as input by the user (see Section 22.12.1). Note that the mass flow rate input by the user should be for the appropriate start and stop angles, in other words the correct mass flow rate for the sector being modeled. Note also that for of , the effective mass flow rate is identical to the mass flow rate in the interface.
The cavitation number ( in Equation 22.82) is an essential parameter for predicting the inception of cavitation. The inception of cavitation is known to occur at a value of 1.9 for short, sharpedged nozzles. However, to include the effects of inlet rounding and viscosity, an empirical relationship is used:
Similarly, a critical value of where flip occurs is given by
If is greater than 0.05, then flip is deemed impossible and is set to 1.0.
The cavitation number, , is compared to the values of and to identify the nozzle state. The decision tree is shown in Figure 22.8.4. Depending on the state of the nozzle, a unique closure is chosen for the above equations.
For a singlephase nozzle ( ) [ 207], the coefficient of discharge is given by
where is the ultimate discharge coefficient, and is defined as
For a cavitating nozzle ( ) [ 266] the coefficient of discharge is determined from
For a flipped nozzle ( ) [ 266],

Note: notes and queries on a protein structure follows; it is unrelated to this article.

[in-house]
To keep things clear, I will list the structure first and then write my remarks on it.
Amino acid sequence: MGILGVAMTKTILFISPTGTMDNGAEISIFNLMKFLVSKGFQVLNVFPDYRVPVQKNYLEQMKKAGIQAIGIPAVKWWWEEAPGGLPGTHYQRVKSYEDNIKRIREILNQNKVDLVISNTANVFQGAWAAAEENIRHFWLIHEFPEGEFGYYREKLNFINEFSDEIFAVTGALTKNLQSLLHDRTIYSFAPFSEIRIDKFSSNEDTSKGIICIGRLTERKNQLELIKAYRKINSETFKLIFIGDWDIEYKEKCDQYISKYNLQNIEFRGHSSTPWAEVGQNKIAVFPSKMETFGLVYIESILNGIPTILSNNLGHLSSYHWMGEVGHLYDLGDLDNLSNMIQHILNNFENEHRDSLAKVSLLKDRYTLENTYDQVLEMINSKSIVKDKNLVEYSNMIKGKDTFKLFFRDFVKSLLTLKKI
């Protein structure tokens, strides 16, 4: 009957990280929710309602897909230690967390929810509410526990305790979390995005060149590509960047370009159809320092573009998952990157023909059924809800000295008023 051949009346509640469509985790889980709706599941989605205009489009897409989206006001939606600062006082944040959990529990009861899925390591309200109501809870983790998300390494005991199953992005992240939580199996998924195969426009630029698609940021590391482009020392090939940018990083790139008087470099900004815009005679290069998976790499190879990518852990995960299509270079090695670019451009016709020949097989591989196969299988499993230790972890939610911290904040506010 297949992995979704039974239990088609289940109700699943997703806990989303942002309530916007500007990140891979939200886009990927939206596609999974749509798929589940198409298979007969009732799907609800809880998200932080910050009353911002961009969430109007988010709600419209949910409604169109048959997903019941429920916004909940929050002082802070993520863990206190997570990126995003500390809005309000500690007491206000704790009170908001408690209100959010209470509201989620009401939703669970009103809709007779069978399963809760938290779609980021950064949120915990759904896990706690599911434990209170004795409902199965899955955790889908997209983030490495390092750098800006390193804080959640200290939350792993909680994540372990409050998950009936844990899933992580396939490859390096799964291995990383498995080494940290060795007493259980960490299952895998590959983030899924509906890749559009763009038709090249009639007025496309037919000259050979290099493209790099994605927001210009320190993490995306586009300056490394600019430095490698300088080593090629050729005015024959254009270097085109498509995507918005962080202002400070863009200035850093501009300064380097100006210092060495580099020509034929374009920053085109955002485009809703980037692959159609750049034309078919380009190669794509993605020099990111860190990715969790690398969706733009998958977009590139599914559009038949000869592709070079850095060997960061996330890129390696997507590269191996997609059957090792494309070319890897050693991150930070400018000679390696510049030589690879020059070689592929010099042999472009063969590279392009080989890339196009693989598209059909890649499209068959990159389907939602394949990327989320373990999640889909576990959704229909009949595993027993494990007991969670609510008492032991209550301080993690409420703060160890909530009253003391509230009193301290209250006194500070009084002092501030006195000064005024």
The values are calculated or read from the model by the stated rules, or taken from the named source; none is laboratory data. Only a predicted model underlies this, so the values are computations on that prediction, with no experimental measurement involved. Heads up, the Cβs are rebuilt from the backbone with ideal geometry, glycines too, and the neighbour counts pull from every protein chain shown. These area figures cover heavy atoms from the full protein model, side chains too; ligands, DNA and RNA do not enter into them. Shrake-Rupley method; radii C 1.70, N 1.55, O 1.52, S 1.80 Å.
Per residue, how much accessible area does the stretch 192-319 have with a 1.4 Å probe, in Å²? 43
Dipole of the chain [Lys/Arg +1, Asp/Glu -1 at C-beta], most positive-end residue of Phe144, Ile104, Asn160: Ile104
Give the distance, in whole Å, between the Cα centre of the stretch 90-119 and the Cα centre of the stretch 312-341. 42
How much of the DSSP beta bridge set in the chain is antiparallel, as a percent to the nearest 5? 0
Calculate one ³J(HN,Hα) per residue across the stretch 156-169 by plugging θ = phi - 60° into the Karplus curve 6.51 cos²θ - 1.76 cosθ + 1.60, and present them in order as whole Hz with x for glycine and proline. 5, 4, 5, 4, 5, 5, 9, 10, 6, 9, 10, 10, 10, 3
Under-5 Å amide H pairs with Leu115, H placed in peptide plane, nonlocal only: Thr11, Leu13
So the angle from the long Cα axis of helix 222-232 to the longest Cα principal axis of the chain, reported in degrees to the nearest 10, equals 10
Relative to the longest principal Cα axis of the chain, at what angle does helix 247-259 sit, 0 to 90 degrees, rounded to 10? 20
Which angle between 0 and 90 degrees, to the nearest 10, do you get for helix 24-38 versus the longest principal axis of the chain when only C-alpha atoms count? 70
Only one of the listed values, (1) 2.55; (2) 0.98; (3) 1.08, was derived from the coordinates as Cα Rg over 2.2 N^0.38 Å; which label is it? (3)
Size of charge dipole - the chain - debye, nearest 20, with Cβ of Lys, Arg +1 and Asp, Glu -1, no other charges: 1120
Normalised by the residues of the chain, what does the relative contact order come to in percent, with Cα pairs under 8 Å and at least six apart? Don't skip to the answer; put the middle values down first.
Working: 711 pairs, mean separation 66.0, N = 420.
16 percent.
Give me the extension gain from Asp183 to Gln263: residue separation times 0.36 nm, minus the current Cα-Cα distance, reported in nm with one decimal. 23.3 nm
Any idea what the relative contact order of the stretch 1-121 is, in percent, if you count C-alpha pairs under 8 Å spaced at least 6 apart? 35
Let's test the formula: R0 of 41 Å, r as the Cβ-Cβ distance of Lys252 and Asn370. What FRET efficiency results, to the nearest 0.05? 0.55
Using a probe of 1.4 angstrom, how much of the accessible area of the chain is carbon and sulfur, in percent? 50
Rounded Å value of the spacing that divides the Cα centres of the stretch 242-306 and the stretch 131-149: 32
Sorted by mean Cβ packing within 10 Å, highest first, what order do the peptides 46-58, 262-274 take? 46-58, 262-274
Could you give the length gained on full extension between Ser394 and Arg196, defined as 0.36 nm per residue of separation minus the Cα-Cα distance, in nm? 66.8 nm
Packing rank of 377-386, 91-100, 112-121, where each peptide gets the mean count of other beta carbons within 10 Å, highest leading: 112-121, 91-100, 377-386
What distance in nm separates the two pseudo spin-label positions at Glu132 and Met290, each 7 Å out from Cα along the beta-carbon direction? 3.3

All of the nozzle flow equations are solved iteratively, along with the appropriate relationship for coefficient of discharge as given by the nozzle state. The nozzle state may change as the upstream or downstream pressures change. Once the nozzle state is determined, the exit velocity is calculated, and appropriate correlations for spray angle and initial droplet size distribution are determined.
Exit Velocity
For a singlephase nozzle, the estimate of exit velocity ( ) comes from the conservation of mass and the assumption of a uniform exit velocity:
For the cavitating nozzle, Schmidt and Corradini [ 323] have shown that the uniform exit velocity is not accurate. Instead, they derived an expression for a higher velocity over a reduced area:
This analytical relation is used for cavitating nozzles in FLUENT. For the case of flipped nozzles, the exit velocity is found from the conservation of mass and the value of the reduced flow area:
Spray Angle
The correlation for the spray angle ( ) comes from the work of Ranz [ 295]:
The spray angle for both singlephase and cavitating nozzles depends on the ratio of the gas and liquid densities and also the parameter . For flipped nozzles, the spray angle has a constant value.
The parameter , which you must specify, is thought to be a constant for a given nozzle geometry. The larger the value, the narrower the spray. Reitz [ 300] suggests the following correlation for :